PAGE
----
6 5. Increase State Sales Tax Rate by One Percent This option would increase the state sales tax rate by one percent, from to Sales taxes are the most regressive of the major taxes levied by state governmentsand the principal reason for the overall unfairness of the Missouri tax system. By increasing the state s reliance on this unfair revenue source, this plan would make the tax system even more regressive. +0.8% +0.7% +0.6% +0.5% +0.4% +0.3% +0.2% +0.1% +1.0% +0.8% +0.6% +0.4% +0.2% 1% Sales Tax Increase # This option makes the tax system more regressive. The largest tax hike, as a share of income, would be borne by the poorest Missourians. # This option increases Missouri tax revenues by $640 million. Since sales taxes are not deductible on federal income tax forms, there is no offsetting federal income tax cut from this change. 6. Increase Cigarette Tax by 50 Cents per Pack Cigarette taxes have been one of the most popular revenue-raising options for lawmakers in the past year. These sin taxes have been hiked in almost twenty states in the past twelve months. # Excise taxes are generally the most regressive taxes. This tax hike would impose the greatest burden on the lowest-income taxpayers. # This option increases Missouri tax revenues by $300 million. Since cigarette excise taxes are not deductible on federal income 50 cent Cigarette Tax Increase tax forms, there is no offsetting federal income tax cut from this change. Moreover, the state revenue gain from this plan is somewhat uncertain, since higher cigarette taxes may encourage a decline in smoking. Summary Missouri faces a short-term fiscal challenge. State policymakers must decide how best to modify the state s tax structure to make up the state s projected $700 million revenue shortfall, while ensuring the long-term adequacy of the tax structure. Missouri also faces a tax equity crisis: ITEP s recent Who Pays study found that Missouri s tax system is regressive, applying the very highest effective tax rates to the poorest Missourians. This analysis has shown that some revenue-raising options currently available to state policymakers would address both of these problems, increasing Missouri state tax 5

7 revenues in a way that does not worsen the inequities of the state tax structure. In particular, changes that focus on the personal income tax will have a progressive impact on the state tax systemand will be partially paid for by the federal government due to the federal deductibility of state income taxes. The analysis has also shown that using sales and excise taxes to balance the Missouri budget would make the state tax system even more unfair. We hope this analysis helps inform state policy makers as they make these important decisions. 6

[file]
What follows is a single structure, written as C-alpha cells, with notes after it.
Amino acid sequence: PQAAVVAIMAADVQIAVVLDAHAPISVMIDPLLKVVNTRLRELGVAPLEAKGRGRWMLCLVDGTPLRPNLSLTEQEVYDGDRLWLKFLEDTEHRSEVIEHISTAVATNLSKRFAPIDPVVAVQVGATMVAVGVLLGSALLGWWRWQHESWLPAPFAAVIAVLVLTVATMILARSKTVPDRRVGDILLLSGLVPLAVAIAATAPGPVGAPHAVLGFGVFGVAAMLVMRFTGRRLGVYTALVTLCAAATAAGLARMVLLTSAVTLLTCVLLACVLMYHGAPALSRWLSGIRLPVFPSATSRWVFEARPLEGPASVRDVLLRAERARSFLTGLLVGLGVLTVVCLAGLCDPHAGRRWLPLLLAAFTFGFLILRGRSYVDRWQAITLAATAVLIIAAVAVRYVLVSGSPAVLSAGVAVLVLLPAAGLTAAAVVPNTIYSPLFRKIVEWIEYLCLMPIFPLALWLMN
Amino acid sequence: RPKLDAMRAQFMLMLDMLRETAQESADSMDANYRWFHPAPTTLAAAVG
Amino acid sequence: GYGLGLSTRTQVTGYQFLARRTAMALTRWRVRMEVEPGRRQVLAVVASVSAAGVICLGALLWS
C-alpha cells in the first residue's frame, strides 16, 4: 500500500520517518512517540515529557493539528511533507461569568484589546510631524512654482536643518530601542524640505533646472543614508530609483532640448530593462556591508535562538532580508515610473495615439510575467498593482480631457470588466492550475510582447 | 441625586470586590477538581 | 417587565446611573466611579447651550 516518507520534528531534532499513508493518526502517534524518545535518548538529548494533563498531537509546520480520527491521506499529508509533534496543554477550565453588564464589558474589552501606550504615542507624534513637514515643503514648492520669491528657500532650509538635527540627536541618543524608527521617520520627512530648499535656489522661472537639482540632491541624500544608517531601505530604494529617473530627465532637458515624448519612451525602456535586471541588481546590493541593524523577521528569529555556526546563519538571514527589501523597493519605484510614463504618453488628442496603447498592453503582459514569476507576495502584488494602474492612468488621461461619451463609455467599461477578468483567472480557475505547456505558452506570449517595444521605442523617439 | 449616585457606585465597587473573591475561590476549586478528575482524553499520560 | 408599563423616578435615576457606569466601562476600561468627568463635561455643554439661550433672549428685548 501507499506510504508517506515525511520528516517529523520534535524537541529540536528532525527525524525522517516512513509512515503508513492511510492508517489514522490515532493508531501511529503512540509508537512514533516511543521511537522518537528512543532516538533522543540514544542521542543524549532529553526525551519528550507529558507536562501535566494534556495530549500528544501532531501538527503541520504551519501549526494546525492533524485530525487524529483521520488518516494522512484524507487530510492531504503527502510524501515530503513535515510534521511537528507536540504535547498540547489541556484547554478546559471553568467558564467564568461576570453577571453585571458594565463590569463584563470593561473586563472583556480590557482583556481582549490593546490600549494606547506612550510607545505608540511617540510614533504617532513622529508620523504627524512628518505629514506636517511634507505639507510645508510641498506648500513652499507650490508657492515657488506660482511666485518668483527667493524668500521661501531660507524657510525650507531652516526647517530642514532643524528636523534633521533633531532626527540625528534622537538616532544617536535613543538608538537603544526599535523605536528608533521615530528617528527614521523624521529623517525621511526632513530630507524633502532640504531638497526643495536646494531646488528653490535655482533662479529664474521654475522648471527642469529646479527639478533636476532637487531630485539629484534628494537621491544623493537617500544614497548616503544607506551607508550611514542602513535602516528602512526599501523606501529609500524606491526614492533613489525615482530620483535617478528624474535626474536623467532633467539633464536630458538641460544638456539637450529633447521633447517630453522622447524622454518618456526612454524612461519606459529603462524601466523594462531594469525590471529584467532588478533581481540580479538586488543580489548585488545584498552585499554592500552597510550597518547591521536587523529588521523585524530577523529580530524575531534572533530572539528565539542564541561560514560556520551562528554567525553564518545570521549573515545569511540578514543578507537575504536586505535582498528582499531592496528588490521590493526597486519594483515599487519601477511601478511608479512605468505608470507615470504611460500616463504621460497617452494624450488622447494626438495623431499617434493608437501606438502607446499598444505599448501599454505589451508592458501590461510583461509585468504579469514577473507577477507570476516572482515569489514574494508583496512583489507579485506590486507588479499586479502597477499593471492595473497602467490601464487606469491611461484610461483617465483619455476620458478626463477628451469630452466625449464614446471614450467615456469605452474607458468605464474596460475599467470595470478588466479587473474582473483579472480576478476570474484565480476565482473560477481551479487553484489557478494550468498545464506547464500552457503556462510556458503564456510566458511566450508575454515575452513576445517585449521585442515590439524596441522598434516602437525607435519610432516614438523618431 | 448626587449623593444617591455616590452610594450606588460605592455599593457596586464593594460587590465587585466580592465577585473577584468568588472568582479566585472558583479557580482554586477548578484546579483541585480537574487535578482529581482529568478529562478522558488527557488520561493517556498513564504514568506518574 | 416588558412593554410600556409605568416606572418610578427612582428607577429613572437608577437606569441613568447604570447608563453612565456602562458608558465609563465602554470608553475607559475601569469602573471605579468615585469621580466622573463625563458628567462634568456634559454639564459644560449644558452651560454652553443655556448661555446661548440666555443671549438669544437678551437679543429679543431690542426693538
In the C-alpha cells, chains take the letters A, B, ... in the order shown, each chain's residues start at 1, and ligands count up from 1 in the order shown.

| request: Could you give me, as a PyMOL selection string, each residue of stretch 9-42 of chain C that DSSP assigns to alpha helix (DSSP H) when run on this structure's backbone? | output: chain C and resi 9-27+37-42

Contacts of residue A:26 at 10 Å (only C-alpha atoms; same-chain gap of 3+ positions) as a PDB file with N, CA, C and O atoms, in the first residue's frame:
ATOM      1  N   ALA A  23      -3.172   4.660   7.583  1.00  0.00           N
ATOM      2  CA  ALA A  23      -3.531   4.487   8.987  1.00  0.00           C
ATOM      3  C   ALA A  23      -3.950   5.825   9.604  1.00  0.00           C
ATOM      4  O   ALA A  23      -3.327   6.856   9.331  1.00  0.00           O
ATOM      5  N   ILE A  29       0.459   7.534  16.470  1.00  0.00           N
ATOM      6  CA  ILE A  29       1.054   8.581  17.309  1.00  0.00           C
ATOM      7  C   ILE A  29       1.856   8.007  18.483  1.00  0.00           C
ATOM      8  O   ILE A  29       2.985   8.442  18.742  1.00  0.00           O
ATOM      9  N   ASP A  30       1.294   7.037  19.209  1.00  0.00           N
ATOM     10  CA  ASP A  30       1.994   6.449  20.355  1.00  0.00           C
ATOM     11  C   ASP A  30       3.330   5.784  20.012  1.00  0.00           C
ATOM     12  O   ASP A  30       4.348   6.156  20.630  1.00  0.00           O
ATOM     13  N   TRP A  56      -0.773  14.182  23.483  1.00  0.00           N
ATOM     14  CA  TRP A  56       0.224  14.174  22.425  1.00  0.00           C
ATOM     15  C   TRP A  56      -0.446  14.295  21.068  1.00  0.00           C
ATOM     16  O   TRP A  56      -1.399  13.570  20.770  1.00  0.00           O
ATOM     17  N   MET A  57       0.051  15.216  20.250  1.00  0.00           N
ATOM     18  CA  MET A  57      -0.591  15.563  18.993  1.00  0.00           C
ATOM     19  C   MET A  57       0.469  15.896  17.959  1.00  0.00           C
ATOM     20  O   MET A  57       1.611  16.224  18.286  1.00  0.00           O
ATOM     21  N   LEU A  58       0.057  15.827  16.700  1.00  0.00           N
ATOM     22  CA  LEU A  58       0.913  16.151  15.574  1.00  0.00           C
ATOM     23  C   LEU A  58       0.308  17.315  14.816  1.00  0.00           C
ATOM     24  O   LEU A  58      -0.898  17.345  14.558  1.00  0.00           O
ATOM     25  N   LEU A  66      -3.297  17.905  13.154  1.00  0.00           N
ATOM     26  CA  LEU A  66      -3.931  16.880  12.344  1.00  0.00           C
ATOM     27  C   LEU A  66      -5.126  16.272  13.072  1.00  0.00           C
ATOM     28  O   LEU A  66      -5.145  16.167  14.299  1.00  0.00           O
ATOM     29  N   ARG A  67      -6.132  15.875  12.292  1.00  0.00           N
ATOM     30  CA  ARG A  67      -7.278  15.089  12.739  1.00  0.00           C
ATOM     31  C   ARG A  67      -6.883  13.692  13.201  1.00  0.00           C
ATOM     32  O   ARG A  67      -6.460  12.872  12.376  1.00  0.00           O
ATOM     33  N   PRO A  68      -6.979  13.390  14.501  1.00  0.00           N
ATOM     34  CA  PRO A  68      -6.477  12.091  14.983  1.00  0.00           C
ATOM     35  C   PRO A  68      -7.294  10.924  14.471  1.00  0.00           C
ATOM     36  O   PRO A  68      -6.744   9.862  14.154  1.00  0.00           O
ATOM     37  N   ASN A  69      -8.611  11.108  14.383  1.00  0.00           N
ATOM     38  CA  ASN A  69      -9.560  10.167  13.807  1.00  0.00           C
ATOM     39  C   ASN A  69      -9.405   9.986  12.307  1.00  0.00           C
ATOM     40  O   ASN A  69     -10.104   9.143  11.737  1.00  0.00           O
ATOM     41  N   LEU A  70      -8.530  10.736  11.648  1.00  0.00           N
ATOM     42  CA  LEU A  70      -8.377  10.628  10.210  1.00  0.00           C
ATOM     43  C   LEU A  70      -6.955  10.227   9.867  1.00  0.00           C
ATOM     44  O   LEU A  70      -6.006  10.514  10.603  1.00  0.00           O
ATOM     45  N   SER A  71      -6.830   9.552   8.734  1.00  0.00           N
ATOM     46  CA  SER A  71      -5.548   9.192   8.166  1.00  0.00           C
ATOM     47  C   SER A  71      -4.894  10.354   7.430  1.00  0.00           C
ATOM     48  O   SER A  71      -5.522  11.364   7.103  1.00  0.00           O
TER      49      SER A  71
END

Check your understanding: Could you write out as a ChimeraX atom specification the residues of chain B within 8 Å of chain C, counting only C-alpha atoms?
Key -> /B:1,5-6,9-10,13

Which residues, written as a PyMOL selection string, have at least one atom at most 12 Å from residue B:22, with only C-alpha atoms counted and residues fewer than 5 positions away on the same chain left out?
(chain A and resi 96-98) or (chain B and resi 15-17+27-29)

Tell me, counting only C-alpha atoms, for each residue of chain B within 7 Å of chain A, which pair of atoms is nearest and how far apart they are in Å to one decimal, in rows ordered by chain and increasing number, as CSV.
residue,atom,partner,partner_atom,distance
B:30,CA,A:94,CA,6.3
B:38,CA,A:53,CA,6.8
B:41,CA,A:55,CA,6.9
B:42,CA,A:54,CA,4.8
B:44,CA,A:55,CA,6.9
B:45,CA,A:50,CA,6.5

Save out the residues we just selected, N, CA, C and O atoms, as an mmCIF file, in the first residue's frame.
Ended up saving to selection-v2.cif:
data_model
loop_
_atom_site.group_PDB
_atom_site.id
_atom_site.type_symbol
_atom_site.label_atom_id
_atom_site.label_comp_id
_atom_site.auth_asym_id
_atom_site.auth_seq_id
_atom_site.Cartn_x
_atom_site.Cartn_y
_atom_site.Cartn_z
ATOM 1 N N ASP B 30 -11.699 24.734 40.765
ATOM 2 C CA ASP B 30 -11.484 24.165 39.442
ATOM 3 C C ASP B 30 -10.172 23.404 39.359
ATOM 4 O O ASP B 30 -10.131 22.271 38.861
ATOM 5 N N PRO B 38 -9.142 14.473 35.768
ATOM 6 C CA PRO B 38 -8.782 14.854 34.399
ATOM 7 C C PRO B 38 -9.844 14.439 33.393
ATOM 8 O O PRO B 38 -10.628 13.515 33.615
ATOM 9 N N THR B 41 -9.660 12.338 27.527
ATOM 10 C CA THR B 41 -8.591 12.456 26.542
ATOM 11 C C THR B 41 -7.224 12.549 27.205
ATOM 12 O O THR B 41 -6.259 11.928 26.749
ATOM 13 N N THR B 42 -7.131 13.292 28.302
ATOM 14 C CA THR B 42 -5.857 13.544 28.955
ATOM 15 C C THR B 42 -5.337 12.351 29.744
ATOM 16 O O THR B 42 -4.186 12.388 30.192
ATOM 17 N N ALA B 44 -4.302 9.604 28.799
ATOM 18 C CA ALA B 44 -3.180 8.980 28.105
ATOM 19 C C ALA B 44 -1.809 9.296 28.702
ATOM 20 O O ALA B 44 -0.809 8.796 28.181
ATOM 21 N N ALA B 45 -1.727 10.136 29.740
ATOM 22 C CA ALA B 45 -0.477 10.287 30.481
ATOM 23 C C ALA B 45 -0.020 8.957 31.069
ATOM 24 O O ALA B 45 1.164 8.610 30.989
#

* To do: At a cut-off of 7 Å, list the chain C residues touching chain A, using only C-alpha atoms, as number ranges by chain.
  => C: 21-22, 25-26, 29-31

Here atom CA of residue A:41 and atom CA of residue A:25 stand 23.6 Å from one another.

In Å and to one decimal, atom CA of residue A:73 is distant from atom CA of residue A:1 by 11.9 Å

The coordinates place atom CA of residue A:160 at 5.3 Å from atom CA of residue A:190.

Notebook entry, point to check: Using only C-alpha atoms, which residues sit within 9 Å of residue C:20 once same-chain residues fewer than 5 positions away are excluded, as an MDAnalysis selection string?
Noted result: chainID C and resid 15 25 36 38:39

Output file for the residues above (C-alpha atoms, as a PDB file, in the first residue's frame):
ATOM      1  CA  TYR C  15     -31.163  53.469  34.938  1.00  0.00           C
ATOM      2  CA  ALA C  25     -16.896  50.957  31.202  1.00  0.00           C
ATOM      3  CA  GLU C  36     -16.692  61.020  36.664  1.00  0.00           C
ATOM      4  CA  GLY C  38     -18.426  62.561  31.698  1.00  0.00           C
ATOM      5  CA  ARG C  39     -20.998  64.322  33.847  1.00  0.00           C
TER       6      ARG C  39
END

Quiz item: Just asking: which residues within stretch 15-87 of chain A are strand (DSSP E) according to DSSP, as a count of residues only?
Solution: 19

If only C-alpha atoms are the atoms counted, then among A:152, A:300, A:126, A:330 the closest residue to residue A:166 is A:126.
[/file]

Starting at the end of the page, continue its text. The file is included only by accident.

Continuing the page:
8 APPENDIX I: DETAILED DISTRIBUTIONAL RESULTS Revenue Raising Options for Missouri AlI Missouri Taxpayers, 2002 Income Less Than $14,000 $25,000 $42,000 $67,000 $123,000 $282,000 Range $14,000 $25,000 $42,000 $67,000 $123,000 $282,000 Or More Average Income in Group $9,000 $19,700 $33,200 $53,100 $87,000 $171,400 $773,900 Eliminate Federal Income Tax Deduction Tax Change as % of Income +0.0% +0.2% +0.3% +0.2% +0.3% +0.2% +0.1% $ Average Tax Change $ +3 $ +38 $ +93 $ +131 $ +277 $ +371 $ +398 Personal Income Surtax Over $200,000 of Taxable Income Tax Change as % of Income +0.0% +0.2% $ Average Tax Change $ $ $ $ $ $ +69 $ +1,850 New 7% Top Tax Rate Over $25,000 of Taxable Income Tax Change as % of Income +0.0% +0.0% +0.1% +0.4% +0.6% +0.8% $ Average Tax Change $ $ +0 $ +2 $ +55 $ +312 $ +997 $ +6,028 Eliminate 3% Sales Tax Exemption for Groceries Tax Change as % of Income +0.6% +0.4% +0.3% +0.3% +0.2% +0.1% +0.0% $ Average Tax Change $ +53 $ +84 $ +116 $ +150 $ +179 $ +218 $ +284 Increase State Sales Tax by 1 Percent Tax Change as % of Income +0.7% +0.6% +0.5% +0.4% +0.3% +0.2% +0.1% $ Average Tax Change $ +29 $ +63 $ +83 $ +117 $ +141 $ +177 $ +424 Increase Cigarette Tax by 50 Cents per Pack Tax Change as % of Income +1.0% +0.5% +0.3% +0.2% +0.1% +0.1% +0.0% $ Average Tax Change $ +85 $ +100 $ +93 $ +111 $ +108 $ +114 $ +107 SOURCE: Institute on Taxation and Economic Policy, April